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Coronavirus fatalities surpass SARS death toll

February 8, 2020

The number of deaths caused by the coronavirus in China rose by 89, to 811, on Saturday. The count now exceeds the number of people who died in the SARS epidemic in 2002-2003 in China.

Passengers on board a bus shortly before their departure from Tuen Mun in Hong Kong to Shenzhen, via the Shenzhen Bay Bridge
Image: Getty Images/AFP/A. Wallace

Latest figures

Through the weekend, global health authorities had reported 34,800 cases of coronavirus worldwide. In mainland China, there are more than 27,000 infections confirmed.

The virus had killed 811 people in mainland China by Sunday, with 89 deaths reported on Saturday alone. Eighty-one were in the central Hubei province, where the virus was first detected, bringing the total there to 780.

Eight hundred people died globally in the SARS epidemic in 2002-2003.

Read more: How not to protect yourself from the coronavirus

A second makeshift hospital opened in Wuhan, the city at the center of the coronavirus outbreak, on Saturday. The Leishenshan hospital has 32 wards, with a total of 1,500 beds and a surgical operating room. A first medical crew arrived Saturday morning.

Workers pack medical masks in plastic
Image: picture-alliance/dpa/AP/Chinatopix

The city is rapidly converting buildings into hospitals to deal with the high number of coronavirus infections. A first provisional hospital with 1,000 beds had opened February 3 after a 10-day construction phase.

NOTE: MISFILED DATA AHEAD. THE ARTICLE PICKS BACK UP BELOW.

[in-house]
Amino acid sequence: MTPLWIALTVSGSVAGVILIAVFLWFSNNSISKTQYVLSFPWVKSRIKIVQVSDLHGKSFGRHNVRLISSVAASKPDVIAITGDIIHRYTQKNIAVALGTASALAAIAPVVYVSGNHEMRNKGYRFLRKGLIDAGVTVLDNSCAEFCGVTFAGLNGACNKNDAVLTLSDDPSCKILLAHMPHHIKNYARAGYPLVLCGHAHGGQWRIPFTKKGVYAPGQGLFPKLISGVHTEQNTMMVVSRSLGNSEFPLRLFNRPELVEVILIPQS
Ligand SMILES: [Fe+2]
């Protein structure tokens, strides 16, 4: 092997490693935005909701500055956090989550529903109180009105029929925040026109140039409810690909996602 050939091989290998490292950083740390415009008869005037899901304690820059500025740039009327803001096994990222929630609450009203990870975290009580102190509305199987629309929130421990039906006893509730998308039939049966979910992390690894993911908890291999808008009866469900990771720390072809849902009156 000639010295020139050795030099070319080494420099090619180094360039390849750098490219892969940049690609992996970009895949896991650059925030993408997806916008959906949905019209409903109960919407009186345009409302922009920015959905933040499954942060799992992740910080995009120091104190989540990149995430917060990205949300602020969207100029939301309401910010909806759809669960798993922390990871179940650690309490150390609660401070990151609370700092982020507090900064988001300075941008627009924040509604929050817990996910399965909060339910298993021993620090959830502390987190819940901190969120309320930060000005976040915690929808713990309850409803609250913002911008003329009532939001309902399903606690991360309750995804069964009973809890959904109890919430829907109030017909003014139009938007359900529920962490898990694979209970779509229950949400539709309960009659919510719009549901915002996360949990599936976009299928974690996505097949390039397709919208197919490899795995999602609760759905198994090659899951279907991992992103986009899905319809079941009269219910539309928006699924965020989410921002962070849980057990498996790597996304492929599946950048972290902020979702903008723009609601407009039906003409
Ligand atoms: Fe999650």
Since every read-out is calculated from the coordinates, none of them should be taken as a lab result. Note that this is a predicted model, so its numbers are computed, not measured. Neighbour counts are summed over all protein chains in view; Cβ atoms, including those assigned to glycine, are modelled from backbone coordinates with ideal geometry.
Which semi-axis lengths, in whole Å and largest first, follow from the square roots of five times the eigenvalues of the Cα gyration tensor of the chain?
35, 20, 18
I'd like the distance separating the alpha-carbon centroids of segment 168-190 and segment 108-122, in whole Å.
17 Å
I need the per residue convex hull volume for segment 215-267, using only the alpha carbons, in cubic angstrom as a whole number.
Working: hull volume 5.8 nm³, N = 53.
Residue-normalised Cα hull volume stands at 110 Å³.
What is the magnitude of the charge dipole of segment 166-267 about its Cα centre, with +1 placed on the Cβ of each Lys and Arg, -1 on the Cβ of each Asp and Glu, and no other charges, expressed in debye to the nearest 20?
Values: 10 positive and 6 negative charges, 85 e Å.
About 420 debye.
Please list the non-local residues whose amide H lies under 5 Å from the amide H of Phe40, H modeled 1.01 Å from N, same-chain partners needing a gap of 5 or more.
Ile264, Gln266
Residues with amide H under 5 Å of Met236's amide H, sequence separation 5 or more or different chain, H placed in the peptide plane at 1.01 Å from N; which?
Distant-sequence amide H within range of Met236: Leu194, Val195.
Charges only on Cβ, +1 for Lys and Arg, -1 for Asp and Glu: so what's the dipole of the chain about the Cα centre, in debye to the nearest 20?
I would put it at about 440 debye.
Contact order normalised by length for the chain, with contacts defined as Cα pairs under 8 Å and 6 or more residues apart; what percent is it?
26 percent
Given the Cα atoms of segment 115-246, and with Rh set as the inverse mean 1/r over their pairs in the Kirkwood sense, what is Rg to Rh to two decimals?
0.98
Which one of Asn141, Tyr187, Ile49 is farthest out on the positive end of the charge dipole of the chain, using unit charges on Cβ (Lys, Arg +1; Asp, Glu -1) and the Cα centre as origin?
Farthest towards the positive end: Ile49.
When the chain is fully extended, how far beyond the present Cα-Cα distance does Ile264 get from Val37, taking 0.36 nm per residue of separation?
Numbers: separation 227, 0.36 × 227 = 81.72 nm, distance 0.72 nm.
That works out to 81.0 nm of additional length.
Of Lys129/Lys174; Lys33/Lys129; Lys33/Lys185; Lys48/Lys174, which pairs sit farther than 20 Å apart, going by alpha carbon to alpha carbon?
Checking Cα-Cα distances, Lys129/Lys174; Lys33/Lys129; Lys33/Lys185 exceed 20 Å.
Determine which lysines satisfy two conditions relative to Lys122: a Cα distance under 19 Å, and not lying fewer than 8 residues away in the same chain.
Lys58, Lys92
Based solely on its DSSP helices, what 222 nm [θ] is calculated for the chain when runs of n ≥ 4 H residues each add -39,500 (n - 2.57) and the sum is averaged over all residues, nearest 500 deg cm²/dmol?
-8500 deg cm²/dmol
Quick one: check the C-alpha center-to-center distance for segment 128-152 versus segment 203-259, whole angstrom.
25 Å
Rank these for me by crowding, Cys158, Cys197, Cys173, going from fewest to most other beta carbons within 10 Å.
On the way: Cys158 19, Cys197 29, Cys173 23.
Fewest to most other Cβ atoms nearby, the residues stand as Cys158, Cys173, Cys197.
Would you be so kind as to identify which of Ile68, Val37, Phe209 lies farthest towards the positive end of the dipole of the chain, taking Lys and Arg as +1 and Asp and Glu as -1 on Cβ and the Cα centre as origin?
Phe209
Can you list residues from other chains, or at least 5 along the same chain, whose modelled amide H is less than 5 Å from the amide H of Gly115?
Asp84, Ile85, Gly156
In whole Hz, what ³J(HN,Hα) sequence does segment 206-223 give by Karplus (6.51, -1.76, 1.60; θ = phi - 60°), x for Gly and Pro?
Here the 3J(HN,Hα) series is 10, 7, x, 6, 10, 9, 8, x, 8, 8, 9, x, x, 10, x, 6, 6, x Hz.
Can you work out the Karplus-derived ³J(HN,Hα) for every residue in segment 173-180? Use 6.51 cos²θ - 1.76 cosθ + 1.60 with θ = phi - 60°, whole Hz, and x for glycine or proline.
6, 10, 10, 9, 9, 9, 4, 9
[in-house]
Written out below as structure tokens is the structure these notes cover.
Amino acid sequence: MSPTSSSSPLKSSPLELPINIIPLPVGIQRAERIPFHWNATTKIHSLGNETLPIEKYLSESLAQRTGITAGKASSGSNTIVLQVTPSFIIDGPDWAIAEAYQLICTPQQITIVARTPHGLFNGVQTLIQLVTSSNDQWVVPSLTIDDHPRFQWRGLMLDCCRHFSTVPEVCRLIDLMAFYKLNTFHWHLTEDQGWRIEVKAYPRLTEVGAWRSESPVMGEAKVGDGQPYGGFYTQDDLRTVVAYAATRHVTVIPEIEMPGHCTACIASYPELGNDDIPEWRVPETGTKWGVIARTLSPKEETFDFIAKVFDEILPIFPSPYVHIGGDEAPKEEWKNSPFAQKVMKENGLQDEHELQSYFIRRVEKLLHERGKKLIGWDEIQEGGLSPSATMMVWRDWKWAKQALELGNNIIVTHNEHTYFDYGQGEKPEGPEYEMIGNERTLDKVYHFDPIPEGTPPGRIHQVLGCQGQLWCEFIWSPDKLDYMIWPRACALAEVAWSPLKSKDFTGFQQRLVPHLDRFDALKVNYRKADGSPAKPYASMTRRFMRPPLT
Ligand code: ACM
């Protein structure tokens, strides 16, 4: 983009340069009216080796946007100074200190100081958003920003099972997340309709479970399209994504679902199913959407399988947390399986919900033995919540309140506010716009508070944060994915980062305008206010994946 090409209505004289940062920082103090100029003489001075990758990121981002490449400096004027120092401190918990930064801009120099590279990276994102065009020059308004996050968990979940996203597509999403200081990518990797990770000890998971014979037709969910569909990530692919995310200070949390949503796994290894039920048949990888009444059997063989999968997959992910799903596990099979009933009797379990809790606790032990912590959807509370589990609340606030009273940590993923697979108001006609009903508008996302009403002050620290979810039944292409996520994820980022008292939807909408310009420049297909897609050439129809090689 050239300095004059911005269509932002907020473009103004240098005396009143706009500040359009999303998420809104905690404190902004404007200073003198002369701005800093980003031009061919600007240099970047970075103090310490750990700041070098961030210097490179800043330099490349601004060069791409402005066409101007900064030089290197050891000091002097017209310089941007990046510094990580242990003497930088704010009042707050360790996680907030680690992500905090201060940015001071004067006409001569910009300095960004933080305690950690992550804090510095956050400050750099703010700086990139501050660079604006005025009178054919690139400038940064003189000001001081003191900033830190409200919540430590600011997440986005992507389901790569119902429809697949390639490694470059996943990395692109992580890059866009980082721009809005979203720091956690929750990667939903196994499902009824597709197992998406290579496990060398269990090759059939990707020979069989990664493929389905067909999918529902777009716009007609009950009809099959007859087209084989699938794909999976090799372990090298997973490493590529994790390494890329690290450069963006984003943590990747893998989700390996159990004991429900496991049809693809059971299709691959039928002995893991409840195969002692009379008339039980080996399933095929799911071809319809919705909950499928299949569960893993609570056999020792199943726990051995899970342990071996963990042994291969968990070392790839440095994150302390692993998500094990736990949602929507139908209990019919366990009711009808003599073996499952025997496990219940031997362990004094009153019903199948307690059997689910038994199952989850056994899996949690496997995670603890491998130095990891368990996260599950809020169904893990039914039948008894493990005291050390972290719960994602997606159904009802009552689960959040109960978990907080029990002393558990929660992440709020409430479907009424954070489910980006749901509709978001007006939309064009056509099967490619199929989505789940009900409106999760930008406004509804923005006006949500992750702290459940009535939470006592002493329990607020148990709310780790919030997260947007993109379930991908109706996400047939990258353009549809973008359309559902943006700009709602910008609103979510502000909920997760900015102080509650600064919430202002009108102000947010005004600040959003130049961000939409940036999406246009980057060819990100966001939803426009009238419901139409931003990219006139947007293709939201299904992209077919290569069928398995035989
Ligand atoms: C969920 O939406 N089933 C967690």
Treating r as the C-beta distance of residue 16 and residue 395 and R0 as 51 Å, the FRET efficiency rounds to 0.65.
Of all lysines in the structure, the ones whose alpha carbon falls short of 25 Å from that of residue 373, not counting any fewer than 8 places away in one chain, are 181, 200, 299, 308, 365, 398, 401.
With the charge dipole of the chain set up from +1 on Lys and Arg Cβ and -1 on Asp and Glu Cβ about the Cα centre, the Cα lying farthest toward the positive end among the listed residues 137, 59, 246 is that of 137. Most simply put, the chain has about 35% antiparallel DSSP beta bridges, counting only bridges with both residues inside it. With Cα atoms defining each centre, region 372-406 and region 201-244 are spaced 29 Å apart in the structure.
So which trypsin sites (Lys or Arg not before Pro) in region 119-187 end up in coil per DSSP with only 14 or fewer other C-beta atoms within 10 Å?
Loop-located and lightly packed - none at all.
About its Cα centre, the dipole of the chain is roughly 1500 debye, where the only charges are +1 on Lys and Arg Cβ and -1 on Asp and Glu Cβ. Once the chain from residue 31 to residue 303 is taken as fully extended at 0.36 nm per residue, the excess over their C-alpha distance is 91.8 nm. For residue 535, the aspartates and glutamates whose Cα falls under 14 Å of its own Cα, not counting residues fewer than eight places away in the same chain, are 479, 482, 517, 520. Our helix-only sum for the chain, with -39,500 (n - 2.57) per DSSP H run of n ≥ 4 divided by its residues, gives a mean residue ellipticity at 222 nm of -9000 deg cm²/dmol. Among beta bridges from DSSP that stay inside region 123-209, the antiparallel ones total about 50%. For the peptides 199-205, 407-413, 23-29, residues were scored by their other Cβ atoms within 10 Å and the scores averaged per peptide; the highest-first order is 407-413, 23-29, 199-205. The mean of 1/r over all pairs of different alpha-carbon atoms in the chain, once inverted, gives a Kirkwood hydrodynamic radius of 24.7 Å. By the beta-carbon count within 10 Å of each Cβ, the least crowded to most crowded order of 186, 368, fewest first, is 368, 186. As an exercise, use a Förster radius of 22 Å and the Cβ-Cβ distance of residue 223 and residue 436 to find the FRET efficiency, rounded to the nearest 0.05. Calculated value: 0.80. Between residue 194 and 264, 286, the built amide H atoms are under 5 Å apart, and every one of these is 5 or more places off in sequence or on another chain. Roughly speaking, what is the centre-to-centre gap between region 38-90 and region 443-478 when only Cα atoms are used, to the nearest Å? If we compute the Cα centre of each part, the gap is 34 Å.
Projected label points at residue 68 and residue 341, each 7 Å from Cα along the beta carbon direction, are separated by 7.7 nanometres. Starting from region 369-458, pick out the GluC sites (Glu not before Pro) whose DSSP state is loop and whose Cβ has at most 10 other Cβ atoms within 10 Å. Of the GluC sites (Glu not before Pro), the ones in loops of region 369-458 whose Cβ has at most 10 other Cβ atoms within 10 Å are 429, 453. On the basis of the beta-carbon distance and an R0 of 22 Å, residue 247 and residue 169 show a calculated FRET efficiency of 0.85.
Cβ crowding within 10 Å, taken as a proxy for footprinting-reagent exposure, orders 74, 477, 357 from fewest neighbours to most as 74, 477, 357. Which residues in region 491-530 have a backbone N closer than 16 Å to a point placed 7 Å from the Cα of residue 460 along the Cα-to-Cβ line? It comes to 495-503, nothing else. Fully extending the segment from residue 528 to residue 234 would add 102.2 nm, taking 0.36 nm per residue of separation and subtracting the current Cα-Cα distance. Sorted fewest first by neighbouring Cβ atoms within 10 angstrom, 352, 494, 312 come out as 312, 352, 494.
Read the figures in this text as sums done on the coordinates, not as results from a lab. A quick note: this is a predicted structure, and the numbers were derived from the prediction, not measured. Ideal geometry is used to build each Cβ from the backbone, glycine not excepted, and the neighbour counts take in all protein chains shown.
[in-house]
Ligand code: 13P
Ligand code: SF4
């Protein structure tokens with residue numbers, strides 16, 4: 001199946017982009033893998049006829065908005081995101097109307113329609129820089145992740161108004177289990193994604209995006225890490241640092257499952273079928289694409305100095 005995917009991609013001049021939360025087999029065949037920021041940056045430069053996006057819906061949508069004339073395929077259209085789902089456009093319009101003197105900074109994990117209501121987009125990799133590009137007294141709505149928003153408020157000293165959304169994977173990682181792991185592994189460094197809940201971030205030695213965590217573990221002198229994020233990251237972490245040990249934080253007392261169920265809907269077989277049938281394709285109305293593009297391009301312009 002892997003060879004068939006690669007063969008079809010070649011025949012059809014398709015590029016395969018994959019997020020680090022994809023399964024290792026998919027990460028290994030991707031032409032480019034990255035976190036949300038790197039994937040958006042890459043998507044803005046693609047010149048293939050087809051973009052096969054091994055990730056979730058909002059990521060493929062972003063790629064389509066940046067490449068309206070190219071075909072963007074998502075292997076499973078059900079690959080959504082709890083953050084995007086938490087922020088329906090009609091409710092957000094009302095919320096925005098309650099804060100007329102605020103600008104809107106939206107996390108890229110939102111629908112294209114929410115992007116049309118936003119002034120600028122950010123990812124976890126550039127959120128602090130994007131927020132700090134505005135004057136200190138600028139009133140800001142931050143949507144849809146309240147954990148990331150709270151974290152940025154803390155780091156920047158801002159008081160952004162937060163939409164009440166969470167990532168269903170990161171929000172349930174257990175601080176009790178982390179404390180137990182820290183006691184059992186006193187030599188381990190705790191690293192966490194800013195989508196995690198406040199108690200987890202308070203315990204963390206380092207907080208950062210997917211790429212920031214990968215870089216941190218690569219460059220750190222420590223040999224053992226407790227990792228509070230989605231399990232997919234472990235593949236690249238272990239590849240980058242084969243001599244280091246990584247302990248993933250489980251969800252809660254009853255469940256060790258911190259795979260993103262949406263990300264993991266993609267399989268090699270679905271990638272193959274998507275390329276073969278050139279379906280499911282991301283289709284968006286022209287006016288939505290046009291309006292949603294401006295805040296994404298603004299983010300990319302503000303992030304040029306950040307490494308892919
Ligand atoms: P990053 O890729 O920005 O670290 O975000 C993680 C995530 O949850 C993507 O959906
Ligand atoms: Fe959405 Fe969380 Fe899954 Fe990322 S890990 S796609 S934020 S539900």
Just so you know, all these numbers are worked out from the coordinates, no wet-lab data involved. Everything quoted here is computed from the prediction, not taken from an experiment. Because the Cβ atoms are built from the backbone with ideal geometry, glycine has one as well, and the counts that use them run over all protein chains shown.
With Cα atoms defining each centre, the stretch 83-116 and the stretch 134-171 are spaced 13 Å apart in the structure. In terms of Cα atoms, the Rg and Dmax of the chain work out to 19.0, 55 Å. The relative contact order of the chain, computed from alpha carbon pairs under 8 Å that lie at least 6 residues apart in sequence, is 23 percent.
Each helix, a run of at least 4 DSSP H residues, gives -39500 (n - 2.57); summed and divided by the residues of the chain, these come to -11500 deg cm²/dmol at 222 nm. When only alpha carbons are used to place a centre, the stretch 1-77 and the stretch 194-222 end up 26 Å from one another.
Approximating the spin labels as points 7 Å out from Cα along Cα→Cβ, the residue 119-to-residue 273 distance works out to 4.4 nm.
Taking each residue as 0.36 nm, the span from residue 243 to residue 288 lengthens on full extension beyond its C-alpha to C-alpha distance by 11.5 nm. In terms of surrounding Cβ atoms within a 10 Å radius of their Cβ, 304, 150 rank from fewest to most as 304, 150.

International fatalities

On Saturday, the US Embassy in Beijing reported that a 60-year-old US citizen who had contracted coronavirus died in Wuhan on Thursday, the first non-Chinese patient known to succumb to the infection.

Read more: More than 30,000 infected in China

A Japanese man in Wuhan also died after showing symptoms consistent with the virus, Japan's Foreign Ministry confirmed, though the cause of death was listed as viral pneumonia following difficulties in diagnosis.

Five British nationals, including a child, caught coronavirus at a ski chalet in France. During their stay at the Contamines-Montjoie resort in Savoie, the group came in contact with another British national who had recently been in Singapore, French Health Minister Agnes Buzyn said Saturday. 

Health officials said two apartments at the resort were being examined and that the infected people were staying at a hospital in the region and were in good condition. 

Cruise ship crisis 

A cruise ship stuck at the port of Yokohama in Japan began its fourth day of quarantine on Saturday. Three more people aboard the Diamond Princess cruise ship tested positive for the infection, Japan's Health Ministry reported, bringing the total number of confirmed cases on board to 64, including one person who was diagnosed as critical. A passenger who had disembarked from the ship in January later tested positive for coronavirus. 

About 3,700 international passengers and crew members are currently stranded on the ship. They may not be allowed to disembark until February 19.

In Taiwan, authorities began screening some 1,700 passengers on the cruise ship SuperStar Aquarius after it returned from Japan. On Thursday, Taiwan's government announced that it would no longer allow international cruise ships to dock. An exception was made for the SuperStarAquarius because it was carrying Taiwanese nationals. 

Weapons maker pulls out of airshow

Lockheed Martin Corp, a US weapons maker, announced on Friday that it will not participate in an airshow in Singapore next week, citing concerns over coronavirus.

The company pointed to a decision by Singapore's Health Ministry to declare a Code Orange alert.

"We determined this was in the best interest of our employees and aligned with the US Department of Defense's decision to reduce its presence," the company said.

kp,ed/rc,shs (AP, Reuters, dpa)

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